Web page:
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There are less than two weeks left for Montana to submit a final congressional map, and the ticking clock is growing louder after the redistricting commission failed to put forward a final map this weekend.

On Saturday, Montana’s Districting and Apportionment Commission once again punted on choosing a final map splitting the state into two congressional districts, opting to hear more public comment at another meeting Thursday.

If a map is not submitted to the Montana Secretary of State’s office by Nov. 14, the commission could face a lawsuit for not hitting the 90-day deadline set forth by the Montana Constitution.

The meeting Thursday is just 10 days before that deadline.

Republican and Democratic commissioners submitted the newest pair of maps, dubbed Congressional Proposals 12 and 13, just two days before the Oct. 30 meeting.

The newest Republican map, CP 12, and the Democratic map, CP 11, which was submitted Oct. 21, are the top two contenders for the final choice.

Second Republican Map Proposal: CP 12

The second proposal from Republican commissioners — CP 12 — would keep Gallatin whole, while cutting through Pondera County. This proposal would put Bozeman, Missoula and Kalispell in a western district, and place Helena in an eastern district. 

Democratic Map for Oct. 30 Public Comment: CP 11

A map submitted by Democrat representatives — CP 11 — to Montana’s Districting and Reapportionment Commission for public comment.

Commission Chair Maylinn Smith opted for another round of public comment on Saturday because of a lack of public input and analysis on one of the contenders: CP 12.

Neither of the maps that have the best shot of being chosen as a final map split Gallatin County. However, two of the proposals — CP 13, submitted by the Democratic commissioners, and CP 10, submitted by the Republican commissioners — do.

Republican Map for Oct. 30 Comment: CP 10

A map submitted by Republican representatives — CP 10 — to Montana’s Districting and Reapportionment Commission for public comment.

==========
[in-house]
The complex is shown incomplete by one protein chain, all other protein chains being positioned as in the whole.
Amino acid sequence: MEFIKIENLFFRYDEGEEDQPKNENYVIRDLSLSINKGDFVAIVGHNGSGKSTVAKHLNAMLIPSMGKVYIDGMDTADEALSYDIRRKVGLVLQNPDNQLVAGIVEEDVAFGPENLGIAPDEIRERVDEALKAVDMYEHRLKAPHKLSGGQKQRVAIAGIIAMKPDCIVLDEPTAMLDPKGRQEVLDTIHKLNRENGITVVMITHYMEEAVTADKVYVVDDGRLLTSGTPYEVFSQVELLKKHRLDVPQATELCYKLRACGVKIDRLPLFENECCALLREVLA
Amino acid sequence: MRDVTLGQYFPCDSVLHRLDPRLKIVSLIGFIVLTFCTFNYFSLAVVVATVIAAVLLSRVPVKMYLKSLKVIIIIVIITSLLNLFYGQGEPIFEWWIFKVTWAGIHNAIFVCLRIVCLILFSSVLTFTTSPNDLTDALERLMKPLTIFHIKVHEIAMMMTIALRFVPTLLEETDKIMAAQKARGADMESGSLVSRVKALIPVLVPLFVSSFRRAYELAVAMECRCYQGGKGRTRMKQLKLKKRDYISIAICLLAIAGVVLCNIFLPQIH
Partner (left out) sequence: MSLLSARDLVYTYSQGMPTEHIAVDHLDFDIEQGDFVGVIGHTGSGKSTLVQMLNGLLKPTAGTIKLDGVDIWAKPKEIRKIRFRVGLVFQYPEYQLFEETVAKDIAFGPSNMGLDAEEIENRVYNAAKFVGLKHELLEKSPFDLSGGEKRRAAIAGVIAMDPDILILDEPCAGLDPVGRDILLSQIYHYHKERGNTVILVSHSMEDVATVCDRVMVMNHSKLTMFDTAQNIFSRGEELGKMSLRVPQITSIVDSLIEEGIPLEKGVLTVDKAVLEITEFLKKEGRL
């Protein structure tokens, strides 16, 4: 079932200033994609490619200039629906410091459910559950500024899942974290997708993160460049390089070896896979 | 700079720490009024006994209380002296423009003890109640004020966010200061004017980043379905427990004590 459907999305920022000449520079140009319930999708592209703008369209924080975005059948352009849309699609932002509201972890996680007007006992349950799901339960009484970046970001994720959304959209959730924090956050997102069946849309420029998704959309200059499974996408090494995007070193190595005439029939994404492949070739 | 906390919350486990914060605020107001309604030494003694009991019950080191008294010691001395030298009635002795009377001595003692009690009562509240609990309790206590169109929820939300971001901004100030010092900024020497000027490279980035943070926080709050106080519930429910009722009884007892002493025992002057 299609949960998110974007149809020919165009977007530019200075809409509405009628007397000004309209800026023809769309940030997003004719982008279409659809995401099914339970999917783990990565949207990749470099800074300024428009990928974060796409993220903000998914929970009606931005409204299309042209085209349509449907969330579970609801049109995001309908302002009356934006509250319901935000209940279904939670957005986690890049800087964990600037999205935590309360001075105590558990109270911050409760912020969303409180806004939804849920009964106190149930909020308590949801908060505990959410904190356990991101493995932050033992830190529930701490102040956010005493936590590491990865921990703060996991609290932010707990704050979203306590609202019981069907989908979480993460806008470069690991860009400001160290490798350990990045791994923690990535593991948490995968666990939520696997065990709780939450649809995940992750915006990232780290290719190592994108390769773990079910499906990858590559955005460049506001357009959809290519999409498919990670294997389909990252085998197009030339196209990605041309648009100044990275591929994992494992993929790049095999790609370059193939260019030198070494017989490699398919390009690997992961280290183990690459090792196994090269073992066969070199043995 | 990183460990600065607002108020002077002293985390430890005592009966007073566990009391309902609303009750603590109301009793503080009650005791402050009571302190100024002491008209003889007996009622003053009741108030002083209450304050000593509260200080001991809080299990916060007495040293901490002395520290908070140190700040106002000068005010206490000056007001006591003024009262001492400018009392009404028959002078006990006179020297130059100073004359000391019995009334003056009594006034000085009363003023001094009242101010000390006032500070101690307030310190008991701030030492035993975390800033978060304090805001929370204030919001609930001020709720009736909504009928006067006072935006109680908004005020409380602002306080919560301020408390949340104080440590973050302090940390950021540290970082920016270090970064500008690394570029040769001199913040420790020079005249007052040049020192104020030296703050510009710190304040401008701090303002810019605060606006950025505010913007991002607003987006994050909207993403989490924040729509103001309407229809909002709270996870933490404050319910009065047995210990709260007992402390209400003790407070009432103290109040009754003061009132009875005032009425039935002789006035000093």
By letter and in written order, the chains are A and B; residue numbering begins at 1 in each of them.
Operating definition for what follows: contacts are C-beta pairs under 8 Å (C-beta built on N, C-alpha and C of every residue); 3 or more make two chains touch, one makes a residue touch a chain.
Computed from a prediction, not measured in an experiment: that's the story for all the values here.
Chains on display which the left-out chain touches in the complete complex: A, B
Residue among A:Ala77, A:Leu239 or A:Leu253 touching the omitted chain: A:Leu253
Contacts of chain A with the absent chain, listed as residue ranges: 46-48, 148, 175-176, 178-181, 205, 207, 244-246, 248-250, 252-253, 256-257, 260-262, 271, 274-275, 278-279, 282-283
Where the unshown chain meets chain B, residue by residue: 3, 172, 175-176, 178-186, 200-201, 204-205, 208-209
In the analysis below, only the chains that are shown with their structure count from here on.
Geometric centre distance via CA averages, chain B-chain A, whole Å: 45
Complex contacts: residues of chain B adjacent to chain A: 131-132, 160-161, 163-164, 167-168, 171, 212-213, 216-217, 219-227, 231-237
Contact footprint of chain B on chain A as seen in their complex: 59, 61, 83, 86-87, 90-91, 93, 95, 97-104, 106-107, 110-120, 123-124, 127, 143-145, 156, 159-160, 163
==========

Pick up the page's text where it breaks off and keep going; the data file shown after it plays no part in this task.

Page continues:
Second Democratic Map Proposal: CP 13

The second proposal from Democratic commissioners — CP 13 — would split Gallatin, Lewis and Clark and Pondera counties. Bozeman and Helena would be put into a western district, along with Missoula and Kalispell. 

Smith said she felt the CP 12 map did address concerns voiced during public comment — like splitting Gallatin County — but she needed more time before she could choose.

“I would’ve loved to have been able to say ‘this is the map going forward’ on Saturday, but I sort of feel that I need to look at what’s going to be best for Montana in the long run,” Smith said in an interview.

Chair Smith emailed the commissioners after the Oct. 21 meeting, urging the two Democratic and two Republican representatives to reach consensus. The two new maps came as a result of that request.

The new Republican map divides only Pondera County, which hit the goal of splitting only one county that Smith brought forth at the Oct. 21 meeting. The map places all of Lewis and Clark County into an eastern district and keeps Flathead County in a western district.

Democratic commissioners decided to stick with their originally proposed — CP 11 — map on Saturday. That map splits Flathead County, placing Kalispell to the east and keeping Whitefish in the west.

“We got to do it by the 14th,” said Democratic Commissioner Joe Lamson. “We realize that. I think the chair’s intention was to have this done after the Saturday meeting, but with the developments that we had it was only fair, prudent and good policy to move it on.”

Republican Commissioner Dan Stusek said in an interview that he and fellow commissioner Jeff Essmann listened to public comment and criticisms of their prior proposal, CP 10, when creating the new map.

The other Republican proposal, which is still in consideration, placed Bozeman in a western district, and the rest of Gallatin County to the east.

Stusek said that the newest map, CP 12, was a product of compromise and concessions to the Democratic commissioners.

The biggest issue is dividing the state’s population as equally as possible. Flathead County belongs in a western district, Stusek said, but that leaves two counties that have to move to meet population equality.

“Our thought is that Flathead County makes a lot more sense being in the West as a whole than Gallatin and Lewis and Clark,” Stusek said. “But you can get one of those two in the West, but you can’t get both and keep Flathead County in the West where it belongs.”

Smith plans to choose a map at the next meeting on Nov. 4, and from there a work session is scheduled on Nov. 9 to tweak and refine that map.

“I will have to move a map forward at that time, I just have to,” Smith said.

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Alex Miller is the county and state government reporter and can be reached at or by phone at 406-582-2648.

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